Life Cycle Costs
Performing the tasks required in the early phases of the system life cycle in a thorough and complete manner, greatly increases the chances of success in the later phases. The reason is that life cycle costs (LCC) tend to be committed early in the program , , . Life cycle costs are all costs associated with a system throughout its lifetime. Figure 2-4 shows actual life cycle costs, at each major stage, as a percentage of the committed costs for the entire cycle.
The bottom curve of this figure shows the percentage of the actual, expended costs associated with a typical rightsizing project. The top curve represents the percentage of costs that are committed, or locked in, due to decisions and activities performed early in the life cycle. For example, roughly 10 percent of the total system life cycle cost is actually expended by the end of the function and requirements phase, while over 75 percent of the overall life cycle costs are locked in by the end of this same phase. In other words, the early phase activities, such as understanding the problem, determining detailed functions and requirements, and arriving at the corresponding solution architectures, will lock a company in to a particular course of action, associated with specific costs. It will become increasingly expensive to make changes later on in the life cycle process. For example, if requirements that were poorly defined or omitted in the requirements analysis phase are not discovered until the integration and testing phase, it will be very costly to correct the mistakes, and may be impossible. The moral: doing good work in the early life cycle phases pays off throughout the system life cycle.
|NOTE A Word of Caution: Determining the system functions, requirements, and candidate solutions, at every subsystem level, is hard work. Many organizations lack the technical and institutional discipline to complete this time consuming and often arduous work. Much more immediate gratification can be obtained from skipping the hard labor involved in requirements analysis and jumping to the design phase, since almost everyone has a pet idea for solving a rightsizing problem. Resist this temptation as much as possible.|
Hierarchical Life Cycle Model
Another way to look at a system life cycle is by analyzing its constituent parts. This is the perspective favored by many hardware designers and software programmers, who are predisposed to viewing a system as a collection of physical parts. This model, known as the hierarchical model, or top-down design, decomposes the conceptual system into a hierarchy of smaller, related parts, for example, subsystems, components, and elements. The functions, and requirements associated with these progressively smaller parts are decomposed successively until they are in a simple enough form to be worked upon by an individual engineer. After each constituent part is thoroughly understood, all the parts are integrated together to form an actual system (Fig. 2-5).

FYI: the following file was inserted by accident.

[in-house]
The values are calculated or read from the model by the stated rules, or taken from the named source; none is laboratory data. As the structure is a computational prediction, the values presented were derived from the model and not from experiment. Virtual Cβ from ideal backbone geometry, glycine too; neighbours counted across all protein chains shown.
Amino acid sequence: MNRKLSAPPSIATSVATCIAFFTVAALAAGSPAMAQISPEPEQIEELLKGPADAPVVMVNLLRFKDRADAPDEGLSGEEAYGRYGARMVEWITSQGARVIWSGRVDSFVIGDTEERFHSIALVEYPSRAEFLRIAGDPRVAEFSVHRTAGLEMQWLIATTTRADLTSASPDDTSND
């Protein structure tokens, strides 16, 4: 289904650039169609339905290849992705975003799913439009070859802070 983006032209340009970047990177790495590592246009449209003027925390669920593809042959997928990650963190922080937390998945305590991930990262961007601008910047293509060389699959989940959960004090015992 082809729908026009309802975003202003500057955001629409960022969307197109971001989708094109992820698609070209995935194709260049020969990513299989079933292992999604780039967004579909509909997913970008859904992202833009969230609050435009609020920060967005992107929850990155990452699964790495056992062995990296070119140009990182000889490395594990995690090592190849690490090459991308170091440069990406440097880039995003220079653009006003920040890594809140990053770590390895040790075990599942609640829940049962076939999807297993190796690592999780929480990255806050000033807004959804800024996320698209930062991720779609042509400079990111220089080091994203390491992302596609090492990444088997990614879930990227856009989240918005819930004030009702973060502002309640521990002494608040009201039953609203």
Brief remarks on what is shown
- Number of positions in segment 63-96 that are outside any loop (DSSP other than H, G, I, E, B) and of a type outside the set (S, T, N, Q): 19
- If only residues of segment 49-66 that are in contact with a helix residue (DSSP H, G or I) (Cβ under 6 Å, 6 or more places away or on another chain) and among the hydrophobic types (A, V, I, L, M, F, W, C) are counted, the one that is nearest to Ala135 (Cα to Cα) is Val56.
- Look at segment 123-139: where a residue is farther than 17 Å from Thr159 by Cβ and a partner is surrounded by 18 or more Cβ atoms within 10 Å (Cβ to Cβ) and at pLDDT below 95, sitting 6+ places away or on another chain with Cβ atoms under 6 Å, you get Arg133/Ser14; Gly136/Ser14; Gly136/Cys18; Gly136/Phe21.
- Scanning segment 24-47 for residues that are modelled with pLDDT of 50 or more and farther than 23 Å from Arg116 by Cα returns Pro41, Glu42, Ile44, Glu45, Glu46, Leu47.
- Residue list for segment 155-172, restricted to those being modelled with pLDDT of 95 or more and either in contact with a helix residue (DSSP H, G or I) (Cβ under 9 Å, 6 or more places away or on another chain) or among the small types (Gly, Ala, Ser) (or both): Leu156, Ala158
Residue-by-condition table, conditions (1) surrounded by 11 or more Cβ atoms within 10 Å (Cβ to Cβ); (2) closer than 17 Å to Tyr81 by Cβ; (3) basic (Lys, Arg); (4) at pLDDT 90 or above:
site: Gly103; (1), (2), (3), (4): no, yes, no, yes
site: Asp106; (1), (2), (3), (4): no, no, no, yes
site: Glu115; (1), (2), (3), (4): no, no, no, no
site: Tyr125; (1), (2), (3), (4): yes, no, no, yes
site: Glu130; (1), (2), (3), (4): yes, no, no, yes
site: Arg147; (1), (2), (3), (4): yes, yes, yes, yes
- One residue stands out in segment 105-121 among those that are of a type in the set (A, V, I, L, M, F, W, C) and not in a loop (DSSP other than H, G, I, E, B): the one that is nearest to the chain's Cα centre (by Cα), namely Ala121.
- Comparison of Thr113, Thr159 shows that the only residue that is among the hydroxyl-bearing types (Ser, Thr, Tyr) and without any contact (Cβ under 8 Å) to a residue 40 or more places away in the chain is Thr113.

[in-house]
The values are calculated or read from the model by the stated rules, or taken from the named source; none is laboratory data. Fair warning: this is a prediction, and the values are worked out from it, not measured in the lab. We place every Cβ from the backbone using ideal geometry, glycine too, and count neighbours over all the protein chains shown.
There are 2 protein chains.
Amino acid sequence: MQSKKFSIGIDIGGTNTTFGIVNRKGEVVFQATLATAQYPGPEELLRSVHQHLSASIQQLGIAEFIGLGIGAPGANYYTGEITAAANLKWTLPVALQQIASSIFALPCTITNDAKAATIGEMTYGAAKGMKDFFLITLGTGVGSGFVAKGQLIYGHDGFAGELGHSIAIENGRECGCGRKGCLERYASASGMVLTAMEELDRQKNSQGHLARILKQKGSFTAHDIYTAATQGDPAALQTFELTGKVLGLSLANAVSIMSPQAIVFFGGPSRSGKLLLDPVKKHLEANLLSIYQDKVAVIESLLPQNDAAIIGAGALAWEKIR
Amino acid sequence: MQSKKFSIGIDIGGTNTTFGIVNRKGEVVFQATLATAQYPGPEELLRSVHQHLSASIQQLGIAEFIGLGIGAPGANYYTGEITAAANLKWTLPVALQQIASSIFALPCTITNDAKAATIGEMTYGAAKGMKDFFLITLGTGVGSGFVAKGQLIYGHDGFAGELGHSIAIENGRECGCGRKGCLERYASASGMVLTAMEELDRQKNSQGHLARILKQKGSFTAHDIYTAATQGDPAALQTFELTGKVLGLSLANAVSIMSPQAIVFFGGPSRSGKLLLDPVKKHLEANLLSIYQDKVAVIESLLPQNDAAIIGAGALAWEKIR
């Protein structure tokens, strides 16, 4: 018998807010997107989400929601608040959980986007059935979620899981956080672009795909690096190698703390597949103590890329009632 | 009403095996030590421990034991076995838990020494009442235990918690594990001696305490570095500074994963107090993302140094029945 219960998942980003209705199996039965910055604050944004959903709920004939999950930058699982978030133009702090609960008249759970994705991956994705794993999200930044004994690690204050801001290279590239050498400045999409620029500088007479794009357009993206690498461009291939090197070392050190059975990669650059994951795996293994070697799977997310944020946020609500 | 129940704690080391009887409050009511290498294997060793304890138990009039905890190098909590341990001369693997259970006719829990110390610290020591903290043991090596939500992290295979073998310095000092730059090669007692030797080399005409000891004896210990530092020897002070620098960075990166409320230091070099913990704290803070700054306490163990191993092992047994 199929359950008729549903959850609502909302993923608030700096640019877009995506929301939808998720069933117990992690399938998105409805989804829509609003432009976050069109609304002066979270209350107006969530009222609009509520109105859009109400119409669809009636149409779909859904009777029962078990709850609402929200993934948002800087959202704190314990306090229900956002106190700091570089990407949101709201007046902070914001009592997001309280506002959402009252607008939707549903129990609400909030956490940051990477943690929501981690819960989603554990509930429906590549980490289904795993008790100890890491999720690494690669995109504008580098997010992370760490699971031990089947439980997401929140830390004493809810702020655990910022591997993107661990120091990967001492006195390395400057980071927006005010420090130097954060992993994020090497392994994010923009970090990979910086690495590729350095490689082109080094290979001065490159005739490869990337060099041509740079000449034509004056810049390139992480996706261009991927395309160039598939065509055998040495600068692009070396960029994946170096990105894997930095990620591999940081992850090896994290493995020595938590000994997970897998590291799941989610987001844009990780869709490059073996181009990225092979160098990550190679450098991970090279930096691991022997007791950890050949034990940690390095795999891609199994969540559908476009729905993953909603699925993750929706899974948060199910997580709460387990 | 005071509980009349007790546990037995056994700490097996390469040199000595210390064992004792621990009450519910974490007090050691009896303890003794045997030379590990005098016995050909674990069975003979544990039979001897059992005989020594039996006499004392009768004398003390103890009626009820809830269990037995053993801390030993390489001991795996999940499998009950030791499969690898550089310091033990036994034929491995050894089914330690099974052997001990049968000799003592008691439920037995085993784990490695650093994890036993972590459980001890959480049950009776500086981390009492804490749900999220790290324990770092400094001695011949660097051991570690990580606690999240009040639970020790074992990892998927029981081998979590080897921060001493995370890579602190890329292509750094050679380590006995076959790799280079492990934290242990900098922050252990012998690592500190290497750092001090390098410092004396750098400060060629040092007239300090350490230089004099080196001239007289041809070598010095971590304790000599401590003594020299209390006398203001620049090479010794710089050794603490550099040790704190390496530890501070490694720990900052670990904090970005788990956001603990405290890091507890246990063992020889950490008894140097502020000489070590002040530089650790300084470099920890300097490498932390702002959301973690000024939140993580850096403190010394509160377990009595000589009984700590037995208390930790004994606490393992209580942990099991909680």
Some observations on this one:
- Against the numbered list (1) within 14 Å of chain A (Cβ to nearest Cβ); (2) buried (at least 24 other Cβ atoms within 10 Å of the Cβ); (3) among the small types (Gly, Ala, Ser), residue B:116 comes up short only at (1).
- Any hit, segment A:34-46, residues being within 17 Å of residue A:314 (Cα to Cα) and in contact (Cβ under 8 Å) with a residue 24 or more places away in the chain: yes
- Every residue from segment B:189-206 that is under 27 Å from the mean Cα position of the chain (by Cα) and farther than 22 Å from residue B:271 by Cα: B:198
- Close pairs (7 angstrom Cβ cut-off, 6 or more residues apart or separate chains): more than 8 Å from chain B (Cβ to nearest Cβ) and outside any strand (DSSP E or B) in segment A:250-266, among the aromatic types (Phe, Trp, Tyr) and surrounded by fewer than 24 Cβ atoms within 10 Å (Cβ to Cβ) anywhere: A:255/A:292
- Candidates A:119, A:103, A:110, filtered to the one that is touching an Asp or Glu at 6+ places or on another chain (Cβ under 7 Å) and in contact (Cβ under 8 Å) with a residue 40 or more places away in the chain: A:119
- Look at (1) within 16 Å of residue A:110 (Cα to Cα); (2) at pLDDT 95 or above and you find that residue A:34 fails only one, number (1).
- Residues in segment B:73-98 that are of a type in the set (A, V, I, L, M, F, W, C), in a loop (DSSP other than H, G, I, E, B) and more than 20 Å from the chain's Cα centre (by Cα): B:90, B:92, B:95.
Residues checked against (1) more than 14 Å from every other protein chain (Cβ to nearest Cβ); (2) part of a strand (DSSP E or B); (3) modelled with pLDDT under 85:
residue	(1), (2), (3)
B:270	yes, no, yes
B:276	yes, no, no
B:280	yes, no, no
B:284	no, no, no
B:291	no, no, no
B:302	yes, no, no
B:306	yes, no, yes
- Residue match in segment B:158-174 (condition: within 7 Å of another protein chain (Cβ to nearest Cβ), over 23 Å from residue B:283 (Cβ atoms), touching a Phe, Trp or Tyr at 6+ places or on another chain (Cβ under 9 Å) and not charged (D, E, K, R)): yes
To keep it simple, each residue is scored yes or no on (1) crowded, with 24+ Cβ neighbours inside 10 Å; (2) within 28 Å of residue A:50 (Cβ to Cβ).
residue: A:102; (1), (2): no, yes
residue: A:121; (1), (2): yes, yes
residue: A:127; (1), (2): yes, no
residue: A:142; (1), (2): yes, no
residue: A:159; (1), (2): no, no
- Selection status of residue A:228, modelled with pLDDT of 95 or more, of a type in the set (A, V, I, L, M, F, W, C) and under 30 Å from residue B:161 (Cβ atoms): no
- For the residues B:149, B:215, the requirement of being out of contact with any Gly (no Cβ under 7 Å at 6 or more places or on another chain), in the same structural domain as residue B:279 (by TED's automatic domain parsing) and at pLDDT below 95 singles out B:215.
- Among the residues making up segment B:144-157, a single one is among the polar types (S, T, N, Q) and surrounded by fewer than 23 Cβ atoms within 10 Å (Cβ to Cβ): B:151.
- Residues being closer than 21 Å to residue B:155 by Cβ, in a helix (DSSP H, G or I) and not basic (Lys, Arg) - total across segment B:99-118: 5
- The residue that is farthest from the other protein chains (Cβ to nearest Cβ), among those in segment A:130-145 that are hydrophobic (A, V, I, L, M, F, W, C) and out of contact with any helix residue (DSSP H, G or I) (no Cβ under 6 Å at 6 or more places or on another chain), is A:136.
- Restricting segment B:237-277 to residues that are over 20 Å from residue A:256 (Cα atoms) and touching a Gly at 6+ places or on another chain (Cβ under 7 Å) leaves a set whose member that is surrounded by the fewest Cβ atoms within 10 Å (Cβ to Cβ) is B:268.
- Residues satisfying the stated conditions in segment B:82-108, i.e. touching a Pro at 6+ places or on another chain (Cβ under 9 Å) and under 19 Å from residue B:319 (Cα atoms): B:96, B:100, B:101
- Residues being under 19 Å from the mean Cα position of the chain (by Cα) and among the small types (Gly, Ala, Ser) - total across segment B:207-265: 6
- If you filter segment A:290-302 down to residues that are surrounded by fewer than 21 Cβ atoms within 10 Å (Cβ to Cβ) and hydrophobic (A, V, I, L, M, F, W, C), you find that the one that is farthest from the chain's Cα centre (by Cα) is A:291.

Most experienced systems engineers prefer to analyze the functionality of the system as a whole, rather than a hierarchy of system parts. This view more readily allows for the evolution of the system, as different functional hierarchies can be developed for each phase of the life cycle without embedding solution designs. This is important because it does not preclude any additional functionality that may be needed in the end state of the future system.
A Matter of Perspectives
Here is one final observation concerning life cycles. A person’s view of the overall life cycle is greatly influenced by the kind of work that person does (Fig. 2-6). A software analyst, for example, will focus on the functions, requirements, and design phases of the life cycle, little knowing or caring what tasks lie beyond his or her responsibility. Similarly, a programmer will tend to concentrate on the implementation (coding) and integration/verification (testing) phases, not appreciating the challenges faced by the analyst.
The systems engineer, however, much like the program manager, must know enough about all phases to ensure that the efforts of the analyst and programmer can be integrated. The systems engineer must think about all life cycle activities; for example, he or she must be sure that testing issues are discussed early on, in the requirements analysis phase, and not left until the tests actually occur. If you have been chosen to lead the rightsizing effort in your group or company, remember to maintain a global, systems perspective. If you lack that perspective, be sure to surround yourself with others who do see the big picture.
Excerpts from: “What’s Size Got to Do With It? Understanding Computer Rightsizing,’ By John Blyler and Gary Ray, IEEE/Wiley Press, Mohamed E. El-Hawary, Series Editor